NACOGDOCHES, Texas – Stephen F. Austin State University School of Theatre, in collaboration with Panola College Theatre, will present Ellen McLaughlin’ play “Ajax in Iraq” Nov. 9 through 13 at the Community House in Center.
Past and present collide in McLaughlin's mash-up of Sophocles' classic tragedy “Ajax” with the modern-day war in Iraq. The play follows the parallel narratives of Ajax, an ancient Greek military hero, and A.J., a modern female American soldier, both undone by the betrayal of a commanding officer. Athena, goddess of war, coolly presides over the whole. Inspired by material collected from interviews with Iraq war veterans and their families, “Ajax in Iraq” explores the timeless struggle soldiers face in trying to make sense of war.
“Ajax in Iraq” will be presented at 7:30 nightly Tuesday through Saturday, Nov. 9 through 13, in Community House, 425 San Augustine St. in Center. The play was particularly suited for SFA School of Theatre Director Cleo House Jr.’s idea to develop a show in collaboration with a nearby junior college, according to Dr. Slade Billew, assistant professor of theatre at SFA.
“We have had a good relationship with Panola over the years, so we thought they would be the perfect partner to test this idea,” he said. Billew and Karen King, professor of theatre at Panola, selected McLaughlin’s play.
“We were looking for something that spoke to ongoing issues and concerns in our country and our region particularly,” Billew said. “The experience of soldiers and veterans is an important ongoing conversation, and this play does an excellent job of exploring the timelessness of those questions by connecting the contemporary war in Iraq with the oldest known war in the western tradition, the Trojan War.”
The play also worked well to divide between two locations two casts of students that are only able to all be in the same place occasionally. The play follows two stories simultaneously – the first being Ajax, a soldier in the Trojan war who is driven to destructive behavior by the influence of the goddess Athena.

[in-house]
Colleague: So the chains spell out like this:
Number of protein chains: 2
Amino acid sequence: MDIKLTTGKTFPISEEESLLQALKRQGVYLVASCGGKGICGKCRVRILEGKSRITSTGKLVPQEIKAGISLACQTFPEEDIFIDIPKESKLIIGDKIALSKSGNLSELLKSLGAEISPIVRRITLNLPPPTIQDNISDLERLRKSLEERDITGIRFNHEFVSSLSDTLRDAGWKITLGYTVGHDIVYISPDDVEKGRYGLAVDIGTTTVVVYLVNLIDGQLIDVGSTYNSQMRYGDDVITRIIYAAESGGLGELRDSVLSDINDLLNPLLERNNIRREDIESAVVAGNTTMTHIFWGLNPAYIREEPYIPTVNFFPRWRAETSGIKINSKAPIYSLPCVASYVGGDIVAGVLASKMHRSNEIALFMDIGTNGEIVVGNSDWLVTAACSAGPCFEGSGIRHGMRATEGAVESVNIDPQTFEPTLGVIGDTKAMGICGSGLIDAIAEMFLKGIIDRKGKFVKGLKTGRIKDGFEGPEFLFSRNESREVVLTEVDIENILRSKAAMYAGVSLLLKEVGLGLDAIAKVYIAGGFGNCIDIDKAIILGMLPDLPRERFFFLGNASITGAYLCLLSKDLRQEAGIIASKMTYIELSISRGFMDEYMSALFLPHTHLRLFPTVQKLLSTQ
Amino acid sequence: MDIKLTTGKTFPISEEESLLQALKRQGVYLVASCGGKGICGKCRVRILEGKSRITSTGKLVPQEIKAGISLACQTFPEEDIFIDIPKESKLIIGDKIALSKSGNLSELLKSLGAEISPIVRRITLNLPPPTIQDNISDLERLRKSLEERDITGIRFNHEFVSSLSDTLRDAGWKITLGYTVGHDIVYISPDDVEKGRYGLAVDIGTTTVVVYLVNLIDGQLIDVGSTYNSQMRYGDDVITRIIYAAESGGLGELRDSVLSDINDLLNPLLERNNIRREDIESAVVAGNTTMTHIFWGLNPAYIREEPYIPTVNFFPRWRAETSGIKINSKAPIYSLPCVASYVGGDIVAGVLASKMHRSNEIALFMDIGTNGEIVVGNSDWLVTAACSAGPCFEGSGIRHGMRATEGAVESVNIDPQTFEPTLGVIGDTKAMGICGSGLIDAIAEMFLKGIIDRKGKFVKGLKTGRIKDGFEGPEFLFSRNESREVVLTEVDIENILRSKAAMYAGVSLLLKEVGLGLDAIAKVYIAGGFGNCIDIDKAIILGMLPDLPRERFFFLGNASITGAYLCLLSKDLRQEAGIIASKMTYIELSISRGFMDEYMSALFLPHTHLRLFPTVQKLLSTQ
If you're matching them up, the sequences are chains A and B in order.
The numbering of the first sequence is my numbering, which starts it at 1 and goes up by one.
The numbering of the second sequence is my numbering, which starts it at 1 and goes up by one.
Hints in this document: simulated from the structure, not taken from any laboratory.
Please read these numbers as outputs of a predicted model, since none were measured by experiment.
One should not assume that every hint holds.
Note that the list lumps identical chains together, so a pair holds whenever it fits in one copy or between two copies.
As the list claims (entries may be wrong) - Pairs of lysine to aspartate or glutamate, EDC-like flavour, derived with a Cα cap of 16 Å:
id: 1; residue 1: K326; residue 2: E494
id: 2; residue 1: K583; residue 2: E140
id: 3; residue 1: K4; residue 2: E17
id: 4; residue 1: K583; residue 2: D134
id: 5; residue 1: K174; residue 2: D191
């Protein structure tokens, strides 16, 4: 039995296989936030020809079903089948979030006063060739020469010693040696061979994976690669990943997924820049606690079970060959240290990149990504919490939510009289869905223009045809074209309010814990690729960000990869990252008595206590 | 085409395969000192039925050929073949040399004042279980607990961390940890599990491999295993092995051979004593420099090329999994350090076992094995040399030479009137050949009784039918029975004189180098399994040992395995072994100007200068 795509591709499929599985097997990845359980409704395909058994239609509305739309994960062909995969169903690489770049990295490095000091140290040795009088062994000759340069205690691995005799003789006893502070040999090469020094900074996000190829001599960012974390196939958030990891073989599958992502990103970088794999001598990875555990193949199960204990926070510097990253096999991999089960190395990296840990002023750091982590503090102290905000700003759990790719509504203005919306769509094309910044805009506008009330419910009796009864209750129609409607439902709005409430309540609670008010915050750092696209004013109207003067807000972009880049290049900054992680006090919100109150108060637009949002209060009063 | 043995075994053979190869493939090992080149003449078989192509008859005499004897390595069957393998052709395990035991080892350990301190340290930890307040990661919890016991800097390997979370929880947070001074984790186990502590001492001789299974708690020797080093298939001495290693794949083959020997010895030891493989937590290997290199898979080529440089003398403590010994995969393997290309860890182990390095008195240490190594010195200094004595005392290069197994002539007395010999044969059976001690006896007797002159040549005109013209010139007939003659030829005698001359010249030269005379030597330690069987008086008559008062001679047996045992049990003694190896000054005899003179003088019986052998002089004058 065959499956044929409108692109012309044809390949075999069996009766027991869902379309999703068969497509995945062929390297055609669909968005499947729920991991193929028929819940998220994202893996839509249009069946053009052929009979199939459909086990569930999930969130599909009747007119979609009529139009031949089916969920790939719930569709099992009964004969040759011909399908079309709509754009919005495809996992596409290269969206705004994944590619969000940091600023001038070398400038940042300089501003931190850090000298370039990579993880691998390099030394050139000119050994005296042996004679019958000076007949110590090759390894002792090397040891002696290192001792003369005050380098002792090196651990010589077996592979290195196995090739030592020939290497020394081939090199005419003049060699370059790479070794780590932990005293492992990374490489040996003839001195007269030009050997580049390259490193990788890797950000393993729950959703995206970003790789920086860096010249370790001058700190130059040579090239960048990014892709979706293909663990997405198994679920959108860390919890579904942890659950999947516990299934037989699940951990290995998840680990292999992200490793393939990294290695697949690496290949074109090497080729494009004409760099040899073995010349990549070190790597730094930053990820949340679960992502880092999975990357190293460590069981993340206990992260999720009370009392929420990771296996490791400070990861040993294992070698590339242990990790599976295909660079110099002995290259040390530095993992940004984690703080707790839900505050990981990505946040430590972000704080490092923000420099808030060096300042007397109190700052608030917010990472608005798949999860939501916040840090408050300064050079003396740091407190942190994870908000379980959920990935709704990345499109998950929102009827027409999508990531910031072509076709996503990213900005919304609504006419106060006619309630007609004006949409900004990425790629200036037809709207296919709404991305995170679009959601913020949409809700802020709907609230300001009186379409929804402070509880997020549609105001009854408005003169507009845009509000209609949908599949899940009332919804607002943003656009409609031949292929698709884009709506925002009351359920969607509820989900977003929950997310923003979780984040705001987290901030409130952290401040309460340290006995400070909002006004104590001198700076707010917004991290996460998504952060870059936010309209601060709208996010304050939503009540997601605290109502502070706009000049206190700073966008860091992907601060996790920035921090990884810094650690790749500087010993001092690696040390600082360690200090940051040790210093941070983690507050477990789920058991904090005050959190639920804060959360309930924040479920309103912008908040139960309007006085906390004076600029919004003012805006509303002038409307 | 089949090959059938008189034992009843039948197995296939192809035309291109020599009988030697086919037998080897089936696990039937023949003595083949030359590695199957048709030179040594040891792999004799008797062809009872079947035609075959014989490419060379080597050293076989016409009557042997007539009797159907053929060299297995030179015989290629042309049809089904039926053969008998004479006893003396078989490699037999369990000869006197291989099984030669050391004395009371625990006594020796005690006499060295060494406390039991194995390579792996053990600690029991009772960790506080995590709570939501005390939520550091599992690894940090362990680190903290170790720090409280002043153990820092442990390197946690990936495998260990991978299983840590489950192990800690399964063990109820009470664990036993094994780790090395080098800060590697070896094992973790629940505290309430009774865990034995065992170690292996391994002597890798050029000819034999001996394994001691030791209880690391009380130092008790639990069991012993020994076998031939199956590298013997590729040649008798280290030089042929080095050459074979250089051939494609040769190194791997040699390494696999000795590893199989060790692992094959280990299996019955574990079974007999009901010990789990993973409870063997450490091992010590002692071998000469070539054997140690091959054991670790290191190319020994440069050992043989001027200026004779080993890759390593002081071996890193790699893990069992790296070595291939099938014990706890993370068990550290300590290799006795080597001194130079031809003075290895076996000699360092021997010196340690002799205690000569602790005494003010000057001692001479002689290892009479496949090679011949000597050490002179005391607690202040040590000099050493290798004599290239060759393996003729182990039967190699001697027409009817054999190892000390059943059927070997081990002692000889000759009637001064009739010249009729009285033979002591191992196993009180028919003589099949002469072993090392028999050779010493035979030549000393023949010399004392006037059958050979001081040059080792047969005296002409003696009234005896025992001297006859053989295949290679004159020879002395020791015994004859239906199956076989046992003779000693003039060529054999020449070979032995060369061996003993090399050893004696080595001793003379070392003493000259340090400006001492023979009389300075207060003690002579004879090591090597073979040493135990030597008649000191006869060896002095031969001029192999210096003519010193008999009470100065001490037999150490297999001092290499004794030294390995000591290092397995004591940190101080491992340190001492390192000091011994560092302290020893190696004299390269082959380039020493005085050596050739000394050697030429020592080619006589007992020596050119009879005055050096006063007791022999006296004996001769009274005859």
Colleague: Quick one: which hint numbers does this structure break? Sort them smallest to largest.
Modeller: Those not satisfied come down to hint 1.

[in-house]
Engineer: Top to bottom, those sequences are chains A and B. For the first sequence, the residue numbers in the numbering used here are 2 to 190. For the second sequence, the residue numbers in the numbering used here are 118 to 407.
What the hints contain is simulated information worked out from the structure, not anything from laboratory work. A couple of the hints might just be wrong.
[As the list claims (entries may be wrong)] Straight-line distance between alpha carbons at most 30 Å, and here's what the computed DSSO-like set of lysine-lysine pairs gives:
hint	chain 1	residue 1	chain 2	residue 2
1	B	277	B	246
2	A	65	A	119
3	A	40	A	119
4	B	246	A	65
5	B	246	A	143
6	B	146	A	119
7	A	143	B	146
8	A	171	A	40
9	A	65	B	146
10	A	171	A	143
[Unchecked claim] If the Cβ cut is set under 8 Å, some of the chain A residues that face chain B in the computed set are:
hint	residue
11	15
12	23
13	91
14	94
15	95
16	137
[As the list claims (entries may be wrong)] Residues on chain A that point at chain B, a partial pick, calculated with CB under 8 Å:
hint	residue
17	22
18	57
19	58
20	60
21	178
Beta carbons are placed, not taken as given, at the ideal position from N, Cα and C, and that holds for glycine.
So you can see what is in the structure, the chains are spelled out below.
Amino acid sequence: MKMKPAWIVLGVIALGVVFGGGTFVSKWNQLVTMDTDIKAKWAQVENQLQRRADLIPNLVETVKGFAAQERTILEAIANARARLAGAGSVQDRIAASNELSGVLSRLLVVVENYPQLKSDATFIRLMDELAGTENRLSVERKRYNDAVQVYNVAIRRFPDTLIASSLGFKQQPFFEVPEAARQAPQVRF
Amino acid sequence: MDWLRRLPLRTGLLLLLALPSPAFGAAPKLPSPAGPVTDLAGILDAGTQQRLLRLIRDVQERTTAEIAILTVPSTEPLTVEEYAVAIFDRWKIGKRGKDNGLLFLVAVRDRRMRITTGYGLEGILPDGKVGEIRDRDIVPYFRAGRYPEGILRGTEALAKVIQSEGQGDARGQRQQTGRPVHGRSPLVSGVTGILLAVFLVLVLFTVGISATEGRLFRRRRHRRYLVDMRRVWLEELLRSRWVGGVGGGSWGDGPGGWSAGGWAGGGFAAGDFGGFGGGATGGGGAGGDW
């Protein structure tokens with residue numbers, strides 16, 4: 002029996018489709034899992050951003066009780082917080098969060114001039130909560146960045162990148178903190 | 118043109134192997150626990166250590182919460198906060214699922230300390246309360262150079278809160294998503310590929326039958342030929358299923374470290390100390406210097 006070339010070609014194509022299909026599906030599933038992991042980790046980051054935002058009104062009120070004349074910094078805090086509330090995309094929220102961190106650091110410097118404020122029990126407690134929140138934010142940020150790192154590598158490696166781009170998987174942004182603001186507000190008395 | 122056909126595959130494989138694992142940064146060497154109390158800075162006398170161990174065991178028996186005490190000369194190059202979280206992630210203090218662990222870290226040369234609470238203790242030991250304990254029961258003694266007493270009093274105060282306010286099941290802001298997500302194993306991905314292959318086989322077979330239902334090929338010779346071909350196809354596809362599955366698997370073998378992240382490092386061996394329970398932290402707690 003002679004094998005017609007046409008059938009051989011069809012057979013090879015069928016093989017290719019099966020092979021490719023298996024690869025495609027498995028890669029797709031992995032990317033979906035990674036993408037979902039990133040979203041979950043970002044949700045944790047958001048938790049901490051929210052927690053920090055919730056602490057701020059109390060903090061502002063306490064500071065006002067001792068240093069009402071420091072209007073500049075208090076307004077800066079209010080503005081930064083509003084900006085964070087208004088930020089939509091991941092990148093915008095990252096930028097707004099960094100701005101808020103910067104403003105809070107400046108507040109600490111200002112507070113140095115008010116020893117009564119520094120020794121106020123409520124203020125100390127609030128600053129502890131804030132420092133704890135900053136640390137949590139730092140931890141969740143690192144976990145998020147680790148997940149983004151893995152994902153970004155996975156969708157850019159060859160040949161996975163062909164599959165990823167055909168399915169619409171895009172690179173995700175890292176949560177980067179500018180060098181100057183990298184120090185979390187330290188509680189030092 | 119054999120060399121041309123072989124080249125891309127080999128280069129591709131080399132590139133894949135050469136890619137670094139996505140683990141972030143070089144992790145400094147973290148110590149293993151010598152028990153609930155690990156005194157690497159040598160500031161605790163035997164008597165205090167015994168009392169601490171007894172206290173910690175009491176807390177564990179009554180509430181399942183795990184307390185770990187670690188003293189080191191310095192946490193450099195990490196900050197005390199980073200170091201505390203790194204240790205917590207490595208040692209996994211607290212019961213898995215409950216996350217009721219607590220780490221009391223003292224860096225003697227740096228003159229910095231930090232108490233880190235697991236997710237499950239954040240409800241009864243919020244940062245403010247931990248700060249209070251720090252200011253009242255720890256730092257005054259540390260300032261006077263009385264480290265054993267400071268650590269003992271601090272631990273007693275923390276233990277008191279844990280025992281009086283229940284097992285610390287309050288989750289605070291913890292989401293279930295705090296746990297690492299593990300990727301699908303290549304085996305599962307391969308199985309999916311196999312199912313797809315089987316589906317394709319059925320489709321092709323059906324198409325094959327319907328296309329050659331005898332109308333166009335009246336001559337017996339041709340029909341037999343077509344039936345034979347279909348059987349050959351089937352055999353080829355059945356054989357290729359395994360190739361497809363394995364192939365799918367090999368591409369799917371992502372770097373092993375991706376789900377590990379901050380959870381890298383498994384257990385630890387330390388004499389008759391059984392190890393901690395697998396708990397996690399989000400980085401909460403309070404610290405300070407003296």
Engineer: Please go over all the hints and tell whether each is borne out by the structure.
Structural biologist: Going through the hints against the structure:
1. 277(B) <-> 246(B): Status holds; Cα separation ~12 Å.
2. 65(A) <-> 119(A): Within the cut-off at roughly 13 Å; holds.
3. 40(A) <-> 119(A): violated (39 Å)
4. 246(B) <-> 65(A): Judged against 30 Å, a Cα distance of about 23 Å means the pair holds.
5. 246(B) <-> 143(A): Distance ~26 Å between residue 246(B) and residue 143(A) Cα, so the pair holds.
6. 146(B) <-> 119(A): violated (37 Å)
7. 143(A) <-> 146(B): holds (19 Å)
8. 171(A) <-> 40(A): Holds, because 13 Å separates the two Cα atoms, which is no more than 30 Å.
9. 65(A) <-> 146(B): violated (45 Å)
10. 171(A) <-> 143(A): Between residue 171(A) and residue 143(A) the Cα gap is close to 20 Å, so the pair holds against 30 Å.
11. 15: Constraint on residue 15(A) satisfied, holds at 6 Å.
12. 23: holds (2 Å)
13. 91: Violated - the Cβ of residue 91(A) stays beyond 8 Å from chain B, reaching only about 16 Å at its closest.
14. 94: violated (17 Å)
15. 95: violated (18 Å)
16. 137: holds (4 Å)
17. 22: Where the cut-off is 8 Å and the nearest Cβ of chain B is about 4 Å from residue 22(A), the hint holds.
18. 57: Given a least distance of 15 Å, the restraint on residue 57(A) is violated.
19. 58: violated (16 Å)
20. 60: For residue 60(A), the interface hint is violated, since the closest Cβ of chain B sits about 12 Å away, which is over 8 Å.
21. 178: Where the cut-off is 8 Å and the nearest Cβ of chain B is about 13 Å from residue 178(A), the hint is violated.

“This part is loosely based on Sophocles’ ancient play ‘Ajax,’ but it has been updated in its language by the playwright,” Billew said. “The other part of the play is centered on the experience of contemporary soldiers in the Iraq war. It focuses specifically on the experience of a female soldier, A.J., whose journey mirrors that of Ajax. The contemporary parts of the play were created by McLaughlin from interviews with soldiers and veterans of the Iraq war, as well as their families.”
Billew said he believes it is important that the experiences of soldiers, veterans and their families “are seen and shared with the larger community.”
“Often, these groups suffer in silence,” he said, “and the play offers an artistic way for audiences who don’t know these stories to come to a better understanding of the experiences of our military community in a way that is respectful, but also honest about the difficulties of that experience for soldiers themselves and everyone in their lives.”
Of particular challenge in this collaboration is creating a production with two teams that don’t get to be “in the same space regularly,” Billew said.
“In some ways, the tools we have developed through the pandemic for communicating and creating over distances have been helpful here,” he said. “Also, we are performing the show in Center – not at SFA or Panola. The people and leadership of Center have been really supportive and great in working with us. We have about five days to turn a community house into a theatre and figure out how the show works in that space.”
The play’s subject matter and plot also present challenges in directing, Billew said.
“Different students have different levels of relationship to the experience of the military, so some of them are really thinking about these issues deeply for the first time,” he explained. “Also, because we are collaborating, the students have to be even more adaptable than normal. When we do have the chance to all be together, they have to really focus and learn quickly to work with people they have just met.”
Billew said he hopes military men and women and their families who come to the play “feel seen and believe that we have done our best to reflect some parts of their experience.”
“I hope other audience members get an insight into a part of our country that is often opaque to the average citizen,” he added.
Containing adult language, adult content and a scene of sexual violence, “Ajax in Iraq” is for mature audiences.
General ticket prices are: adult, $15; senior (62+) $10; SFA faculty/staff, $7.50; youth, $7.50; student, $5. Purchase tickets at boxoffice.sfasu.edu or call (936) 468-6407. For questions about the play, contact the School of Theatre at (936) 468-4003. A pre-recorded performance of the show will also be available for purchase a full 72-hour period between Nov. 11 and 13. Cost is $29.95 Access to that may be purchased through get.broadwayondemand.com.